The second issue regards access to the church courts to have a
        redress of grievances. This was the primary issue at stake in the
        public resolutions controversy of the 1650s. A commission of General
        Assembly acting on controversies until next General Assembly made a
        decision that overturned previous rulings of General Aassembly. A
        number of scots preachers were clear that they believed that the new
        decision was wrong, and vocalized their opposition. When it came time
        for the next General Assembly to meet, the commission had sent word
        to presbyteries that all such as were known opposers of the measure
        were to compear before the court to give account, and were not to be
        chosen as representatives for General Assembly. At this, as we know,
        a protestation was delivered on behalf of the protesting party, and
        from thenceforth, they regarded General Assembly to be unfree and
        unlawful until these decisions were overturned.
        As to the covenanters in the late 1600s, there was no recourse to the
        church courts to overturn the defections after the restoration, and
        thus they remained separated from the judicatures of the main body of
        the Church of Scotland. They argued there was not a free and lawful
        General Assembly to appeal the matters to, and in such a broken state
        of the church, it was sometimes necessary to separate without always
        being able to go thru thenormal channels of appeals thru higher
        courts of the church (see james Renwick, Informatory Vindication).
        When there was a glimmer of possibility of having these things
        redressed, I think I recall that there was some attempt to send
        communication to the General Assembly of the terms upon which they
        would re-recognize the church, but the ministers ended up rejoining
        with a large following taking their lead, in spite of General
        Assemblies not addressing these issues. Further, when the issues were
        attempted to be addressed by some of those who had rejoined General
        Assembly soon thereafter, my recollection is that General Assembly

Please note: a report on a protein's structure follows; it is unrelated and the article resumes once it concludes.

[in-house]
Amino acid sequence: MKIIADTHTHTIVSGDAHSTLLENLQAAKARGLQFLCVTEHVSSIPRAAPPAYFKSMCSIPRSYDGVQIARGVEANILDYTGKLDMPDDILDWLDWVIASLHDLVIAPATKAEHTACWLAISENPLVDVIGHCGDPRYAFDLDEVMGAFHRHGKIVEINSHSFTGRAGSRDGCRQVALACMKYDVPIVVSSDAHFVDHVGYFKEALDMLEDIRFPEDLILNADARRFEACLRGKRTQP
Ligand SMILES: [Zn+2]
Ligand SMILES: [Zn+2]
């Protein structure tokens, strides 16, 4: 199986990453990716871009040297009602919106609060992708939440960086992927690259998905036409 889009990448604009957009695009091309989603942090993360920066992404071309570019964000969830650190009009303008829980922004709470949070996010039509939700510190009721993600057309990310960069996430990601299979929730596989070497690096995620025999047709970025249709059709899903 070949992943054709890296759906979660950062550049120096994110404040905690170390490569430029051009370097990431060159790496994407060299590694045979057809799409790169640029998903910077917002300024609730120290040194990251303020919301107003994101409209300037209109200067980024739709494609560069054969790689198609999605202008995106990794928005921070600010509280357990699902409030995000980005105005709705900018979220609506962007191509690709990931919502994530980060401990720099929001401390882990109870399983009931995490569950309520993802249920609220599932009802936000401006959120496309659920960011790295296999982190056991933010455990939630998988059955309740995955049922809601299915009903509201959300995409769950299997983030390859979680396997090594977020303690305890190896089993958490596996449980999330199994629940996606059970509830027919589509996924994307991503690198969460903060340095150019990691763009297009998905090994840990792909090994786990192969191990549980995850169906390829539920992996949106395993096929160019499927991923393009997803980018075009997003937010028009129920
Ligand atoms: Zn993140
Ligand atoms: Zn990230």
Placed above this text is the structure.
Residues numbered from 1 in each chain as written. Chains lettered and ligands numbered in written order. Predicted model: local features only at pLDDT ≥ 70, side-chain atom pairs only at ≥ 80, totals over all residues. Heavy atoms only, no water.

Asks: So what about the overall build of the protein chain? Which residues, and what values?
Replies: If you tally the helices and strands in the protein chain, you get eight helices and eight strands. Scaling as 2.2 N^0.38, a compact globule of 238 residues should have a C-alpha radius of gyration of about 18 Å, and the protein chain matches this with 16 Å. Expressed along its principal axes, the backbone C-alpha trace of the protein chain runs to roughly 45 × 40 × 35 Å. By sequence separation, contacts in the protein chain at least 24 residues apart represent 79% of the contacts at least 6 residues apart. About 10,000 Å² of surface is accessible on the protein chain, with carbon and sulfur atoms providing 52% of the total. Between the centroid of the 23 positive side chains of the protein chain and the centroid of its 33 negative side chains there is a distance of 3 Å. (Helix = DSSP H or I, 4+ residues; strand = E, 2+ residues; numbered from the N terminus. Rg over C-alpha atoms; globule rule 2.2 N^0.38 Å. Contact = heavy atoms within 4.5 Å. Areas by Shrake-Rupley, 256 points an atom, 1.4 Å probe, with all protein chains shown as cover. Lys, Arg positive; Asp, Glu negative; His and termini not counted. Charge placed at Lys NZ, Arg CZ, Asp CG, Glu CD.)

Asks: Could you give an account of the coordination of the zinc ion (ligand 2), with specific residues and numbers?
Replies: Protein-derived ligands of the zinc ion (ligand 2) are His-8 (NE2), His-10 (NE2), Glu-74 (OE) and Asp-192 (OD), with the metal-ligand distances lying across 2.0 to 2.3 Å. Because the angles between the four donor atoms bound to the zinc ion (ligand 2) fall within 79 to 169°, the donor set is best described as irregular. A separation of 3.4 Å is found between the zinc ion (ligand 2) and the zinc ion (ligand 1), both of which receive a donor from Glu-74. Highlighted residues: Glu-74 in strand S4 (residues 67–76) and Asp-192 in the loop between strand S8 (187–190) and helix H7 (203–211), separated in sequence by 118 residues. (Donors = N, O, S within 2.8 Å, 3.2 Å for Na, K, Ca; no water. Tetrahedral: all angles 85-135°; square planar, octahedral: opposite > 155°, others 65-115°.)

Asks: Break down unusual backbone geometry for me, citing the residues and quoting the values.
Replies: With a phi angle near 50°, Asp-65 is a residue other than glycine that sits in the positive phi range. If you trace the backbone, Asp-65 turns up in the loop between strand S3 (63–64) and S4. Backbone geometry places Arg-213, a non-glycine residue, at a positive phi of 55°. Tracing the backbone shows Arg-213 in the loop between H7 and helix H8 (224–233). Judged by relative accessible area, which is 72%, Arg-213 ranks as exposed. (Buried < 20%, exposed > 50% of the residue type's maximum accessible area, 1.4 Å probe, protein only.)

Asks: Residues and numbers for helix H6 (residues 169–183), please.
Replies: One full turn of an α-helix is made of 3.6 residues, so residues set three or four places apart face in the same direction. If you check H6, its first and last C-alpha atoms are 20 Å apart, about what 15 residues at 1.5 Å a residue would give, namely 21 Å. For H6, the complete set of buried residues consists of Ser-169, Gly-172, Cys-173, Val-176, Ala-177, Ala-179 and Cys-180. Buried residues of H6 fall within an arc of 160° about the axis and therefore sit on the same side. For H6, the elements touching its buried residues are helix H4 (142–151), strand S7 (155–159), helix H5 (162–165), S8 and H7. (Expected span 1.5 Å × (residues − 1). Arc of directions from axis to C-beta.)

refused to hear of the cmplaints and gave warning about making such
        in the future. And so the RPs from that point onwards remained a
        separate body from the "official" General Assembly of the Church of
        In the case of Rev.s Steele and Lusk in the RPCNA, they were well
        aware of defections already in place for decades before determining
        to decline the authority of the courts of the church, and this on a
        similar basis. There attempts to represent their cause before Synod
        were continuously thrown down, and carried matter not of new ideas
        they wished to introduce, but rather addressed matters whereupon the
        courts were defecting from previous practice and standards. As such,
        the Reformed Presbytery itself had not separated merely because there
        were defections in the church, but access to have them redressed was
        restricted. Since then, of course, a large variety of changes were
        made that caused further offense, and the reasons for their continued
        separate standing grew. Nor were they uncharitable, as though they
        believed everyone in he church which they split from were horrible
        Christians if Christians at all. Much ado was made about Steele's
        using the term "false brethren" with respect to some in the church.
        The case of course had to do with these persons' having been in
        ecclesiatsical fellowship under the name of Reformed Presbyterian
        while in fact having views quite contrary to the church, and trying
        to forge a path for the church to leave her RP distinctives behind.
        It was NOT to declare that the RPCNA were just a bunch of "false
        Christians" as some appear to have insinuated from his use of the
        term. In fact, Steele himself allowed the Seceders to publish an
        article written by him, and it is said he was much respected in the
        UPC, and in some circles still in the RPCNA, in spite of whatever
        differences may have existed with respect to certain issues and
        ecclesiastical ties.
        I think there is a proper balance that exists between those who have
        argued from some texts of the reformers for unity with the main body
        of the church at all costs (so long as the Gospel still exists among
        them), and those who argue from other texts that separation is always
        or most always a duty at all costs, over pretty much anything and
        everything that might be wrong in the church. I think that balance
        not only is a better reading of the reformers as a whole (though I
        won't argue that there could not have been any reformed thinkers who
        themselves gravitated to one or the other extreme), but more
        importantly, is more representative of Scriptural teaching as well.
        The Biblical material available speaks at times with respect to
        separation, and other times not admonishing a duty to separate from a
        church, even in spite of serious errors as we see expressed in 1 Cor.
        That's about all I wanted (or will probably have time) to clarify.